Apple was always a technology company, in the same way that Amazon was always a retailer. But, when you start making devices it starts to make sense to make the content to fill them. You sell other peoples stuff, or you could make your own stuff and make people come to you to see it. If you want to watch Clarkson in 2016, you’ll have to go to Amazon. The BBC won’t have it. Neither will Sky or Netflix. What makes Apple Music interesting is that Apple have already confirmed that it will also be coming to Android before the end of the year. So, it’s not a lure to make me buy an iPhone. It’s going to stand alone and fight Spotify, which is where the battle is. It sounds like radio but it’s not about radio. I doubt Apple will be buying up transmitters or adding to DAB multiplexes or satellite radio services. It will keep it online, where it can build an avoidable link to the paid-for elements of Apple Music.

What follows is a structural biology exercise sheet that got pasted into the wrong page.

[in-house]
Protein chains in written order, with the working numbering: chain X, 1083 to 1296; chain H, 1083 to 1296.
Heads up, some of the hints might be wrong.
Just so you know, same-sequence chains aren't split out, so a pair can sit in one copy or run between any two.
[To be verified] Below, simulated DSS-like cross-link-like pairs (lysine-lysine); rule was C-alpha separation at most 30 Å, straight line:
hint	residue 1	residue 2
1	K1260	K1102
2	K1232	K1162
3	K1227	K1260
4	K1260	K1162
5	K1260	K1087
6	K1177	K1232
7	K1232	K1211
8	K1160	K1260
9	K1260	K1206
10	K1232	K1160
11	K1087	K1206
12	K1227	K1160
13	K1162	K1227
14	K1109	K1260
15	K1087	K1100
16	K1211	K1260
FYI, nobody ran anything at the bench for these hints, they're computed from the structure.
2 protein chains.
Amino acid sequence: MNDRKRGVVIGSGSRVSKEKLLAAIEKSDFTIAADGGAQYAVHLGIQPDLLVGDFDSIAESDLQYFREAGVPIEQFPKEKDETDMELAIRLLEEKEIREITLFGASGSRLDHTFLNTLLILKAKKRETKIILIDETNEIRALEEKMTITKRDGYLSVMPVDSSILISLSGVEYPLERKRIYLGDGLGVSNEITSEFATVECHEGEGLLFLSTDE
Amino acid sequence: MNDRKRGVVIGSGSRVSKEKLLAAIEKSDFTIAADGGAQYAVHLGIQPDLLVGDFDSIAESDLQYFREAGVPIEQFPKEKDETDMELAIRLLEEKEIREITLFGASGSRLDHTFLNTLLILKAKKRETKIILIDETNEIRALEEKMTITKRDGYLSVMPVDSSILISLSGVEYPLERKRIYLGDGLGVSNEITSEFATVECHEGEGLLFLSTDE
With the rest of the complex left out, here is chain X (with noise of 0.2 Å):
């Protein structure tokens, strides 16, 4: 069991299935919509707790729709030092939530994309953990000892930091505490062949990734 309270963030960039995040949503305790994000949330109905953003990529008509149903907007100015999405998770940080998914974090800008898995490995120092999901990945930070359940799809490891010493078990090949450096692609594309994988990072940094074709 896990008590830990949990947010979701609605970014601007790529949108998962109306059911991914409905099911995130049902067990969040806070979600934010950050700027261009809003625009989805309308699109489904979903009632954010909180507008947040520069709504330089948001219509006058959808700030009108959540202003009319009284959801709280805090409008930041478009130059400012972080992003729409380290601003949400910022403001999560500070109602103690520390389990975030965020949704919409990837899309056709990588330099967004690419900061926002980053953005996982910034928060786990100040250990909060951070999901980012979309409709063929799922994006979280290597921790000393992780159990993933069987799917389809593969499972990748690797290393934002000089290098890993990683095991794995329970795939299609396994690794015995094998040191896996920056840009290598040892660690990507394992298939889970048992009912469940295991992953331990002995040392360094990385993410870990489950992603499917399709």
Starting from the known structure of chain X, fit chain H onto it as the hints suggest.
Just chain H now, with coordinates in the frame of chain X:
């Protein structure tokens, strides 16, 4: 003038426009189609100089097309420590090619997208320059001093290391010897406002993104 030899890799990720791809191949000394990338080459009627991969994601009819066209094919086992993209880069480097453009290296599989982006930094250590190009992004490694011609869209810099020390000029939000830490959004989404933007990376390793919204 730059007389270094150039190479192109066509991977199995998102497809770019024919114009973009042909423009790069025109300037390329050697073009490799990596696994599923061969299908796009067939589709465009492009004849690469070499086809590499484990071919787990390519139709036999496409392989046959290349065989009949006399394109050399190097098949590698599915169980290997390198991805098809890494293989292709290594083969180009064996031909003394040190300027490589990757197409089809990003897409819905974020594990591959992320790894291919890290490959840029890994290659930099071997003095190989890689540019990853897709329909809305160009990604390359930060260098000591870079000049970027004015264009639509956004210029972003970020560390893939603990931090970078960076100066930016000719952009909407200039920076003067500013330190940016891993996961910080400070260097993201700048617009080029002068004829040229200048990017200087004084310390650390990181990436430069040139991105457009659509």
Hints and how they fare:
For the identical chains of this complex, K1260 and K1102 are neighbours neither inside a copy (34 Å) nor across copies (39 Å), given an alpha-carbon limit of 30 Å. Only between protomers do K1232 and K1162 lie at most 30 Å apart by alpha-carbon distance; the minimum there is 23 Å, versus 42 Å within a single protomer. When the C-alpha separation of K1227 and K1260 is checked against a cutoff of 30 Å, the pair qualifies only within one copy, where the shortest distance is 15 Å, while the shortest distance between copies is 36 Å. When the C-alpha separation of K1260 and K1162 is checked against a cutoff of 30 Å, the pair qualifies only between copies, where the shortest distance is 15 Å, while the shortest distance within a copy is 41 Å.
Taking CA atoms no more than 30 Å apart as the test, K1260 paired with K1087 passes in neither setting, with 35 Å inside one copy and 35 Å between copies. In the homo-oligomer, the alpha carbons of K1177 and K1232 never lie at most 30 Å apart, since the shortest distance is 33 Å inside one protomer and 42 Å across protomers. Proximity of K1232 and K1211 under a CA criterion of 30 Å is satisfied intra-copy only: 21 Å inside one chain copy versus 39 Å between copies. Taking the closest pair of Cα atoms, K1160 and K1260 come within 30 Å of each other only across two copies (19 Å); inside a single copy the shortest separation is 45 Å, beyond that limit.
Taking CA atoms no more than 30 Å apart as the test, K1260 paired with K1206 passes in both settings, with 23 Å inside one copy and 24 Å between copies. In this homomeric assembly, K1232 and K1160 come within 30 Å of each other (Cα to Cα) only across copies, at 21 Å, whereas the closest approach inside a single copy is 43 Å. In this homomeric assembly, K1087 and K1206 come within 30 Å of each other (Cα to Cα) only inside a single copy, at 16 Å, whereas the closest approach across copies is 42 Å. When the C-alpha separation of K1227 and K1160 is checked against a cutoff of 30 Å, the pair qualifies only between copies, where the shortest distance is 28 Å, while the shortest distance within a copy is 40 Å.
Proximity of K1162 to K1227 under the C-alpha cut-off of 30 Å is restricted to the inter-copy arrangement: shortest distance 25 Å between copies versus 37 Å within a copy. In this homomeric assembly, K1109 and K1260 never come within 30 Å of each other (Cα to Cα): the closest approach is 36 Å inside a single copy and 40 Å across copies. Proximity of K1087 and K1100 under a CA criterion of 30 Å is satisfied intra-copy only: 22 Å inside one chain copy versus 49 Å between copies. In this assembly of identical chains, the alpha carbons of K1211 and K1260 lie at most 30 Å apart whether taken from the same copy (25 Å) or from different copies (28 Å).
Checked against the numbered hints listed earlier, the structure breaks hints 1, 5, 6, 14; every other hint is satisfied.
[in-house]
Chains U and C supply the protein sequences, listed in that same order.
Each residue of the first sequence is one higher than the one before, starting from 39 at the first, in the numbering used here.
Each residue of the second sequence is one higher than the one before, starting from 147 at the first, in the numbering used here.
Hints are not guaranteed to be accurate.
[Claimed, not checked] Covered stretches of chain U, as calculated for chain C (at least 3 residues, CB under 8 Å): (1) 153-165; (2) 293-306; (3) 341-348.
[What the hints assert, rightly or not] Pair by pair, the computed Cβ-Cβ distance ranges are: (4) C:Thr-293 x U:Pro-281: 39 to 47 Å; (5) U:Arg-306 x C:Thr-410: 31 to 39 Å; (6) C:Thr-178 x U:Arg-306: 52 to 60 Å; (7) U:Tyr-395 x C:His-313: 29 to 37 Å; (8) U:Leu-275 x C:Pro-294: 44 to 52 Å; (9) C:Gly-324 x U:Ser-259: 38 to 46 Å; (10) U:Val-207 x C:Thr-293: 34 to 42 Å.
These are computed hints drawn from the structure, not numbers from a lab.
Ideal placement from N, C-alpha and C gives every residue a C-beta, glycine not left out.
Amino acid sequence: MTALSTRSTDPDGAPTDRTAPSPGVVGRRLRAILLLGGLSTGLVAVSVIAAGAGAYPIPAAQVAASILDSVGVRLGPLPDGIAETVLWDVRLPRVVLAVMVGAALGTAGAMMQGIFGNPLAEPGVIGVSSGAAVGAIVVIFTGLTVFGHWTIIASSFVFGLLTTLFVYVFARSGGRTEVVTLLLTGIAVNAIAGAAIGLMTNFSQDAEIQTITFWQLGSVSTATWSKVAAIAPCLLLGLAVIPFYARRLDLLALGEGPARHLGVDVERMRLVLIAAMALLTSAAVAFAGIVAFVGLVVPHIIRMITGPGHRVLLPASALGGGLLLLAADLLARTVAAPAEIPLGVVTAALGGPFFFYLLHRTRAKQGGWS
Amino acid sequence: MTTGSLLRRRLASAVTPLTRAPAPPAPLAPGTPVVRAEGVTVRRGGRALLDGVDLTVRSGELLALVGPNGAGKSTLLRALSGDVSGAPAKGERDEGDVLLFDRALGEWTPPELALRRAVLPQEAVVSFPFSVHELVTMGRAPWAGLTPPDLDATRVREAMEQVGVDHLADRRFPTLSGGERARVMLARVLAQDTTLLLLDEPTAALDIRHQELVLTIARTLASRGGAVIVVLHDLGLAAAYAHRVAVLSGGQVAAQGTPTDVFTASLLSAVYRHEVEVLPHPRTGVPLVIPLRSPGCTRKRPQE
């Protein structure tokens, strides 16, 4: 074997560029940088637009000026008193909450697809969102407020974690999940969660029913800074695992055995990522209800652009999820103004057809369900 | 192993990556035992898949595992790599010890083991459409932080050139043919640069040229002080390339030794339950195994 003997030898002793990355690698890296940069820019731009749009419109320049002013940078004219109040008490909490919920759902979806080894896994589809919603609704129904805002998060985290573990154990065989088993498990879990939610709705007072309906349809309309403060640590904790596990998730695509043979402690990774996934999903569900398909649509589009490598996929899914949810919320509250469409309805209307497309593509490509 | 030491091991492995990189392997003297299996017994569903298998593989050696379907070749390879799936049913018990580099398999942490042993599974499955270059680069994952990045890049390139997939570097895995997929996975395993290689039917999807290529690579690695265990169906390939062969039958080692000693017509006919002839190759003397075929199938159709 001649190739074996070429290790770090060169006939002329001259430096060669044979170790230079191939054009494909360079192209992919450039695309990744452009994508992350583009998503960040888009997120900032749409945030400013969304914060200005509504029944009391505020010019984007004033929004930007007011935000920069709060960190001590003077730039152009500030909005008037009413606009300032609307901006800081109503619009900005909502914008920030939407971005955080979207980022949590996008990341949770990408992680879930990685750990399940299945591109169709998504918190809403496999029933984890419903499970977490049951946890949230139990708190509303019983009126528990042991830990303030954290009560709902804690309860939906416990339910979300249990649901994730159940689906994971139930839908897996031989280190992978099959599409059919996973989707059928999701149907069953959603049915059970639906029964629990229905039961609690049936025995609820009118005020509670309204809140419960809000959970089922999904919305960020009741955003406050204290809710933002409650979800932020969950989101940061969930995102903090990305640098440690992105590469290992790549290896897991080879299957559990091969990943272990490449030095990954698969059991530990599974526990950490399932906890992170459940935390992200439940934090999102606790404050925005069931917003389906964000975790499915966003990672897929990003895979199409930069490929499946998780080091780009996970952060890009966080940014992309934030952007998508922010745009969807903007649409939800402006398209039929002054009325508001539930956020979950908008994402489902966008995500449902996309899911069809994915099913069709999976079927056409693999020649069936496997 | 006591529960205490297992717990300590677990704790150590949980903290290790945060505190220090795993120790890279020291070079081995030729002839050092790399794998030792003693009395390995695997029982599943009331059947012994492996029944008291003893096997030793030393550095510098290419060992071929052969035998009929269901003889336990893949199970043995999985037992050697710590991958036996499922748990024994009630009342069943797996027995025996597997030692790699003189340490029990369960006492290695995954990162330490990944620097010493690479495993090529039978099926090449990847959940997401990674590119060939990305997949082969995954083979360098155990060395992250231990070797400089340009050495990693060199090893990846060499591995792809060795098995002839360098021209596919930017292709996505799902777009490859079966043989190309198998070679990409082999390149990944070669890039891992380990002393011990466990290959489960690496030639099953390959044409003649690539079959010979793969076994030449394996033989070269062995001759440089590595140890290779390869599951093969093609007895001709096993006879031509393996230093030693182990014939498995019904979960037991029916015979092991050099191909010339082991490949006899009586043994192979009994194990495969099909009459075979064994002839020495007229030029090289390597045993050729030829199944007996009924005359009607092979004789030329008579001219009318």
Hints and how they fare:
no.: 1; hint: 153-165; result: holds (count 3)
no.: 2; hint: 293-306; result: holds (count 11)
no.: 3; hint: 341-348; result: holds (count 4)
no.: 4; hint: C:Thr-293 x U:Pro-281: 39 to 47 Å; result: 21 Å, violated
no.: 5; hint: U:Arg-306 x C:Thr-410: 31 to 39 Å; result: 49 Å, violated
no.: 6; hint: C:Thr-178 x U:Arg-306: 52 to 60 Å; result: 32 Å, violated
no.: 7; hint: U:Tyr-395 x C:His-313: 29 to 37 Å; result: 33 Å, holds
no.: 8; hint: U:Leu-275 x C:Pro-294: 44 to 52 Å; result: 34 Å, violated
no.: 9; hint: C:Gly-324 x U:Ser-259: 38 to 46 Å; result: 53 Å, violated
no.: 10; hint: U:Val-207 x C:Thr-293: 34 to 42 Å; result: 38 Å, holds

I’ve a few interests here. There’s much that is interesting about a format where presenters and producers are empowered. Of course they can do this because the mode of listening is different. People might listen in their car, but I doubt it will be the soundtrack to any factory floors. It’s a different format because it’s aim is different. It might the shape of things to come, but probably isn’t. It is however a positive for radio and radio talent. I’m not sure there’s going to be defining conclusions here, but I’m enjoying the thinking and the reading. No doubt I’ll post more at some point.